_{lv}*Equation 14*gives rise to a decreasing sigmoidal curve (i.e., for a decreasing pressure, the value of

*x*will increase), whereas

_{ctr}*Eq. 15*gives rise to an increasing sigmoidal curve (i.e., for a decreasing pressure, the value of

*x*will decrease). The parameters

_{ctr}*x*and

_{m}*x*are minimum and maximum values for the controlled parameter

_{M}*x*(

*t*). The parameter α

_{2}is calculated to ensure that

*x*(

*t*) returns the value of the controlled parameters found during steady state. Initial values of parameters for

*k*,

*x*, and

_{m}*x*are from Danielsen (5) (Table 2).

_{M}These control equations (*Eqs. 13–15*) are formulated as functions of mean arterial blood pressure. However, our model describes the instantaneous (pulsatile) pressure. Mean values are computed as weighted averages, where the present is weighted higher than the past (16) The normalization factor *N* is introduced to ensure that the correct mean arterial blood pressure is obtained for *p _{a}* = 1, i.e., (17) Because our mathematical model is described by differential equations, it is more efficient to implement a differential equation to compute the mean arterial blood pressure. Hence, we differentiate

*Eq. 16*to obtain (18) A similar equation is used to calculate

*p*.

_{au}#### Cerebral autoregulation.

On the transition to standing, cerebral autoregulation mediates a decline in cerebrovascular resistance (*R _{acp}*) in response to the decrease in arterial blood pressure. In addition, the autonomic system may also play a role, by decreasing the cerebrovascular resistance due to cholinergic vasodilation or by increasing the resistance due to release of norepinephrine (7). Consequently, it is not trivial to develop an accurate physiological model that describes cerebral autoregulation. Our strategy in this work has been to use a piecewise linear function with unknown coefficients to obtain a representative function that describes the time-varying response of the cerebrovascular resistance. Once such a function is obtained, we can interpret the result in terms of the underlying physiology. To obtain such a function, we have parameterized the cerebrovascular resistance using piecewise linear functions of the form (19) where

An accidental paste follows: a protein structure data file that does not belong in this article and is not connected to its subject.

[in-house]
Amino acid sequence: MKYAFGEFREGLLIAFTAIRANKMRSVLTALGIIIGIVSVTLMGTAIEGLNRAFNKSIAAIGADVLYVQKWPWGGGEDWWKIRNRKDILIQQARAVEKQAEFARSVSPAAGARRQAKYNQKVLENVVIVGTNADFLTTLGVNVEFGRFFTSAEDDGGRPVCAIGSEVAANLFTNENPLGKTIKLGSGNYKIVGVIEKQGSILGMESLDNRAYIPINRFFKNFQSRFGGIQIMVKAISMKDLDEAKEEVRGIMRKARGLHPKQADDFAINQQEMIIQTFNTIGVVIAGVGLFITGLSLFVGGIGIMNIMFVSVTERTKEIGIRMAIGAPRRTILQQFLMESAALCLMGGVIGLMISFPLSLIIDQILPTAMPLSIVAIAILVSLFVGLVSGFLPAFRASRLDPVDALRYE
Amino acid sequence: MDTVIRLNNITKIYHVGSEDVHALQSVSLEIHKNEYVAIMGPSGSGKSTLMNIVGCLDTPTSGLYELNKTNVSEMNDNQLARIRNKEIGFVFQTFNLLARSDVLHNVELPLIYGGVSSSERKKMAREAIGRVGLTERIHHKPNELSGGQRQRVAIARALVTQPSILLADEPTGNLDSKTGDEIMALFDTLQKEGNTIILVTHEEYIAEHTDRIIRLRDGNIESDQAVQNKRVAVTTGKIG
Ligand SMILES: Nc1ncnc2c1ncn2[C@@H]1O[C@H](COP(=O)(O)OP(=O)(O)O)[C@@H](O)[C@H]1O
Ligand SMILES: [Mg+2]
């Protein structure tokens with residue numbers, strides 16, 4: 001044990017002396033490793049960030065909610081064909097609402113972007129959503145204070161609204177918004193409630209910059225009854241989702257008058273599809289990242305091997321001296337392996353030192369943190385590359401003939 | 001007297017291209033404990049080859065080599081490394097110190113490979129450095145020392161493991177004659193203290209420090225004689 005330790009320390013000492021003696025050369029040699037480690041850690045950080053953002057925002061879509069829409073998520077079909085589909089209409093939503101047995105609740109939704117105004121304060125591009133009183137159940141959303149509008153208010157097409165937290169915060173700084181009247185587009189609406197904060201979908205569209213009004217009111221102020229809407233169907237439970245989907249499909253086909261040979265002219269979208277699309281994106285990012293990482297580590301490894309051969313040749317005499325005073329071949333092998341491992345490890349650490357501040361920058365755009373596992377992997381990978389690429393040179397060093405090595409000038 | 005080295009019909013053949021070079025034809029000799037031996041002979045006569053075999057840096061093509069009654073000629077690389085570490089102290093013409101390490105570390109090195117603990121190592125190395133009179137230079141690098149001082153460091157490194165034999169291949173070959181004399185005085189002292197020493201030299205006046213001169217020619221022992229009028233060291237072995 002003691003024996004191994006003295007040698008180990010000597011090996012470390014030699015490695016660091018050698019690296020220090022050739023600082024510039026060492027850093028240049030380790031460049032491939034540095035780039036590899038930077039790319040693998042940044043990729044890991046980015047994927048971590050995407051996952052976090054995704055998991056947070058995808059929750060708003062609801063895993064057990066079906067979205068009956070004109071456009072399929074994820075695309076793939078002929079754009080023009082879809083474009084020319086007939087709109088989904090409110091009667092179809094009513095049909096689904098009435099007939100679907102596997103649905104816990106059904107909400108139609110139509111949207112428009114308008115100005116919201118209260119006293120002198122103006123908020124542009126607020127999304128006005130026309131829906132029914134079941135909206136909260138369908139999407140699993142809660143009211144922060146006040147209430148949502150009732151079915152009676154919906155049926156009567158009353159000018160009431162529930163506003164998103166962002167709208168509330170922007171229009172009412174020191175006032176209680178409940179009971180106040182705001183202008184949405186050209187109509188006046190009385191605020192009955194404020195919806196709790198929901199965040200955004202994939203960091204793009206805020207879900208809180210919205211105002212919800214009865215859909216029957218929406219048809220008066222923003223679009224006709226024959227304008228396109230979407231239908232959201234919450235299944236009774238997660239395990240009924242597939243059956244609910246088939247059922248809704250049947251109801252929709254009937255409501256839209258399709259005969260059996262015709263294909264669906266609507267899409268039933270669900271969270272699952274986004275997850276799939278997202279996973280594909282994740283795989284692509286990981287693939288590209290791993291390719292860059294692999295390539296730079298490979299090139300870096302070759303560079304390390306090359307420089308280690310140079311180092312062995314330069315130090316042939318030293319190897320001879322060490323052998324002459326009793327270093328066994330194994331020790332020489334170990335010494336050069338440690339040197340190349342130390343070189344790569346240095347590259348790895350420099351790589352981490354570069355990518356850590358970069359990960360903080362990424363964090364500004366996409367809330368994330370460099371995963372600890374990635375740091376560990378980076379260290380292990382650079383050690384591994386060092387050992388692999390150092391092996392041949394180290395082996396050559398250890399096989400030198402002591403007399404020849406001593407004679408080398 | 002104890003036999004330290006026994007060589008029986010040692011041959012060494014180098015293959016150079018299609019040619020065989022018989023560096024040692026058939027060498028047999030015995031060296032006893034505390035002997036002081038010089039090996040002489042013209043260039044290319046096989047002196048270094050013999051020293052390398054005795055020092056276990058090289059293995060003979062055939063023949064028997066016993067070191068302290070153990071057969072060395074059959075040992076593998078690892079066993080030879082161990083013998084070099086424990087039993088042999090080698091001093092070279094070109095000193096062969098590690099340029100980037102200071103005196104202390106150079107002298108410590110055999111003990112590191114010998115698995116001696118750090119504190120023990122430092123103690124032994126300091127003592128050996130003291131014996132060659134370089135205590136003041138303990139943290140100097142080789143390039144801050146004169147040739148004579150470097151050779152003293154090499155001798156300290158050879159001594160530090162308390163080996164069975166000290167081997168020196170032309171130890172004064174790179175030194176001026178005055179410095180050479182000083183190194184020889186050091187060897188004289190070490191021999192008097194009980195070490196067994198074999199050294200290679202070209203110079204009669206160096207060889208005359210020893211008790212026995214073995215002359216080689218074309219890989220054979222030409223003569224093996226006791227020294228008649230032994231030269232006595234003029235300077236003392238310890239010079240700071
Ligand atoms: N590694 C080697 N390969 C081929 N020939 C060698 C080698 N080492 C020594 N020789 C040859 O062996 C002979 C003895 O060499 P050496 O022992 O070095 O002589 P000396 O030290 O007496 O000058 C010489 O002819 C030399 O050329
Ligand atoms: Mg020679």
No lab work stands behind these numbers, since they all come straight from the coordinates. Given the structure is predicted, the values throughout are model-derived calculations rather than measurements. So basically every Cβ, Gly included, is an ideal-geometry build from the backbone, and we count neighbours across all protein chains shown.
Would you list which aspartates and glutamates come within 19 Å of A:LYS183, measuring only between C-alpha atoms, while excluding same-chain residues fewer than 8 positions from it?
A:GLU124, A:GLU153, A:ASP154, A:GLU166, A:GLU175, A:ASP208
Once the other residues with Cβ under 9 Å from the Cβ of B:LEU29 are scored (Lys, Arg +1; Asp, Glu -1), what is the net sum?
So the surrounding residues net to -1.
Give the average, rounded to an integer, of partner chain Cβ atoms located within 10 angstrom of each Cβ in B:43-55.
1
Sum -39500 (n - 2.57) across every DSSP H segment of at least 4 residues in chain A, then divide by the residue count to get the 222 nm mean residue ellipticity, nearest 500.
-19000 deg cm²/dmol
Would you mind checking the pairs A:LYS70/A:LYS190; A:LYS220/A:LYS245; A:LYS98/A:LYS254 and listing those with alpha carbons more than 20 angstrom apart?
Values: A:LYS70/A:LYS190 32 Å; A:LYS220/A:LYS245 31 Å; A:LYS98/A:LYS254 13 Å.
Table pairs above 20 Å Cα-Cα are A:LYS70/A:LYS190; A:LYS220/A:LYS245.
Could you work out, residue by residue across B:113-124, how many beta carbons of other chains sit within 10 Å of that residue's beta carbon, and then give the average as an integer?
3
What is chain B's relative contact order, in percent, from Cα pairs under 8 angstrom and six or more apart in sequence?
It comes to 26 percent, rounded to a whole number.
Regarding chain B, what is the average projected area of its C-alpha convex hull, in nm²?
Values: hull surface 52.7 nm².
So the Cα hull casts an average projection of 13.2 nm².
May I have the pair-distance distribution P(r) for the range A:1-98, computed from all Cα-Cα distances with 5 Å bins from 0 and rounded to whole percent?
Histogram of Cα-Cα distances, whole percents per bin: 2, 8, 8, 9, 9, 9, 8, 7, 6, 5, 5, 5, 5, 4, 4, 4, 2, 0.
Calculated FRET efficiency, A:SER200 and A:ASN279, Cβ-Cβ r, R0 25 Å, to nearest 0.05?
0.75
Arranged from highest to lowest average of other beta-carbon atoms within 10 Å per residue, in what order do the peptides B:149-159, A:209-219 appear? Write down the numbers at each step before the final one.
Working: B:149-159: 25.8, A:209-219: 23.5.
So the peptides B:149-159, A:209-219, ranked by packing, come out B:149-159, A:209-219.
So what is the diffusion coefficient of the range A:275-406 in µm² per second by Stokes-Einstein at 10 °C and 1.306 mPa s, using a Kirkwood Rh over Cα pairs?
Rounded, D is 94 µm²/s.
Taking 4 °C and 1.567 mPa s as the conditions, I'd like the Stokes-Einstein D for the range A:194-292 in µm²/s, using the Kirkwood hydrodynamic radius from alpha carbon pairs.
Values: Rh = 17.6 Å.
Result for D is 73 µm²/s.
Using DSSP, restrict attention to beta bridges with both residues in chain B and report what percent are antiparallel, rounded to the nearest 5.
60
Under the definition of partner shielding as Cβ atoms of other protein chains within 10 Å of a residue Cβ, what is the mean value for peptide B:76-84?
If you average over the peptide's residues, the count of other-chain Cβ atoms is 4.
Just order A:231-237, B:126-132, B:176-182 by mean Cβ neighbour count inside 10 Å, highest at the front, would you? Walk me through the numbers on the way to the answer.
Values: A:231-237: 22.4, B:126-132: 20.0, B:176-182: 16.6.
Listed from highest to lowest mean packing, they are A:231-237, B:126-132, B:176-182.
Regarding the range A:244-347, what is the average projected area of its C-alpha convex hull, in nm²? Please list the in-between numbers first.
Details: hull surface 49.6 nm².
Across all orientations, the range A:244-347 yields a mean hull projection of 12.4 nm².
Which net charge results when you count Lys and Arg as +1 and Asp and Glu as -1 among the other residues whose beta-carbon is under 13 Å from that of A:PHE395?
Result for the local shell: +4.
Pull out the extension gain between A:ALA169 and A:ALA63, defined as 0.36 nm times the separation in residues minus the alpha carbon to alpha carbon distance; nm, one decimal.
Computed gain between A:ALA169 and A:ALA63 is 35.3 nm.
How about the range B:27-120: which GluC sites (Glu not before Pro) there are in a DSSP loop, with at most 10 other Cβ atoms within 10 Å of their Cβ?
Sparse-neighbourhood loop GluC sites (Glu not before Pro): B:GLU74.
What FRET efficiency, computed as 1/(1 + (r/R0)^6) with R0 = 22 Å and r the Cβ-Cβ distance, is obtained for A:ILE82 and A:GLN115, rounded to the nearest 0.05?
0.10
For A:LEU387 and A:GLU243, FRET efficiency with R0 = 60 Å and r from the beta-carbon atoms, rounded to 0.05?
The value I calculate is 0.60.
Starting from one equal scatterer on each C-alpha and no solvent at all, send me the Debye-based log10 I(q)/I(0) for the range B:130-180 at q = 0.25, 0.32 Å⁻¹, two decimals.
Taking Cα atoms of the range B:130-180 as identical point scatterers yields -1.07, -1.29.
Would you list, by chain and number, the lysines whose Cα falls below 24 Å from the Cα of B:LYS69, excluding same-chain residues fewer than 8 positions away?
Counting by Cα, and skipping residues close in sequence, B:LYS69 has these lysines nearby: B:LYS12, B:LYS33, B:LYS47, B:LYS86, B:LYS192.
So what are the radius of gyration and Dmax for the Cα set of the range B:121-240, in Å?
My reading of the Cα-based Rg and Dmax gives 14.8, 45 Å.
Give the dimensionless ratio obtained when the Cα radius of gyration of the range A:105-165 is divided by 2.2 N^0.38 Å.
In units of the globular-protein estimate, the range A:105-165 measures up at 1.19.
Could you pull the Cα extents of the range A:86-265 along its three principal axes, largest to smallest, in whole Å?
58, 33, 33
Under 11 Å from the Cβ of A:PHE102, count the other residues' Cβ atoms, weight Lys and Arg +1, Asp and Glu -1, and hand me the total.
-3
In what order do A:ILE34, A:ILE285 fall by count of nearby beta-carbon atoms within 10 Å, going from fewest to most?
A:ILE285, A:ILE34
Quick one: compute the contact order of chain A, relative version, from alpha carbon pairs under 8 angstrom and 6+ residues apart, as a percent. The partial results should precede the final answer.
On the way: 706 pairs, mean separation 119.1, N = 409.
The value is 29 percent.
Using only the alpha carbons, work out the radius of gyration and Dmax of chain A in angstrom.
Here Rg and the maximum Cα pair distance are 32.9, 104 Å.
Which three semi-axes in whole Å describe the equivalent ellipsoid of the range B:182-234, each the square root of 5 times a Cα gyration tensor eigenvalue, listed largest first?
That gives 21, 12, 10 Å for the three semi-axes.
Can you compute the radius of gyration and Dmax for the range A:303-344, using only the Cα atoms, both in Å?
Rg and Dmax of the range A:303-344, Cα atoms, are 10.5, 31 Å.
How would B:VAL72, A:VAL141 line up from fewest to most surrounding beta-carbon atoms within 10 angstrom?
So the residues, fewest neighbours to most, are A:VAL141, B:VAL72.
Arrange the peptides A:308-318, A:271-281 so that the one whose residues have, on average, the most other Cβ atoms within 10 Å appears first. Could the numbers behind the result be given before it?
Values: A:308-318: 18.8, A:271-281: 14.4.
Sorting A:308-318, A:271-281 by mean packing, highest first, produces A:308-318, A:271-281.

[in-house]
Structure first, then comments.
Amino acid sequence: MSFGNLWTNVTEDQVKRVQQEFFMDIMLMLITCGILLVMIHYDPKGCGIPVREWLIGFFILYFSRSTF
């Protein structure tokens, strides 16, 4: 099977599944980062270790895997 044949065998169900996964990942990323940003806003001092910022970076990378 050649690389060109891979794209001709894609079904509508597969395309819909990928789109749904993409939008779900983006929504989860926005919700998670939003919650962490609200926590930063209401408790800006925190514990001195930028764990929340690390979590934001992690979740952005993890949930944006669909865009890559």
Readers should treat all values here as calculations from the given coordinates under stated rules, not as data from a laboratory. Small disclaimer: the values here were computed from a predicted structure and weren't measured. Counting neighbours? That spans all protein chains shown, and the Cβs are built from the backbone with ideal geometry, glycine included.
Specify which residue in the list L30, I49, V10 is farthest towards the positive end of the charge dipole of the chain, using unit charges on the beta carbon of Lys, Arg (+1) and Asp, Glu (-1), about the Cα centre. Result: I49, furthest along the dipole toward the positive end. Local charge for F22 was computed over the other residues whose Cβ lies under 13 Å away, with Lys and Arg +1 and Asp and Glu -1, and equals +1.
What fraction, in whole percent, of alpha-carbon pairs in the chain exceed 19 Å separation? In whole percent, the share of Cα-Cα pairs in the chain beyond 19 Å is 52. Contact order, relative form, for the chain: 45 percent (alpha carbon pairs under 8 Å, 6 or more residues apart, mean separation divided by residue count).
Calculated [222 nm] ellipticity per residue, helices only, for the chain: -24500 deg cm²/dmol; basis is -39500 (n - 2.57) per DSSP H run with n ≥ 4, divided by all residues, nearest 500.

*H*

_{i}represents the standard “hat” functions given by (20) The unknown coefficients γ

_{i}will be estimated together with the other control parameters in Table 2. As described above, we have used a similar method to estimate the resistance

*R*, which may be affected by passive nonlinear resistances and autonomic regulation.

_{au}## PARAMETER ESTIMATION

Estimation of model parameters has been done in a number of steps. First, we used physiological properties of the system to determine initial values for all parameters and variables (Table 1). Then we solved the steady-state problem (without including effects of gravity and regulation); i.e., we solved 11 equations of the form of *Eq. 2*, one for each compartment. During steady state, all resistances and capacitors were kept constant; hence, terms that involve *p*(d*C*)/d*t* = 0. These equations are combined with *Eqs. 3*–*7*, which determine pressures in the left atrium and ventricle, and *Eq. 18*, which determines the mean arterial pressures *p̄ _{a}* and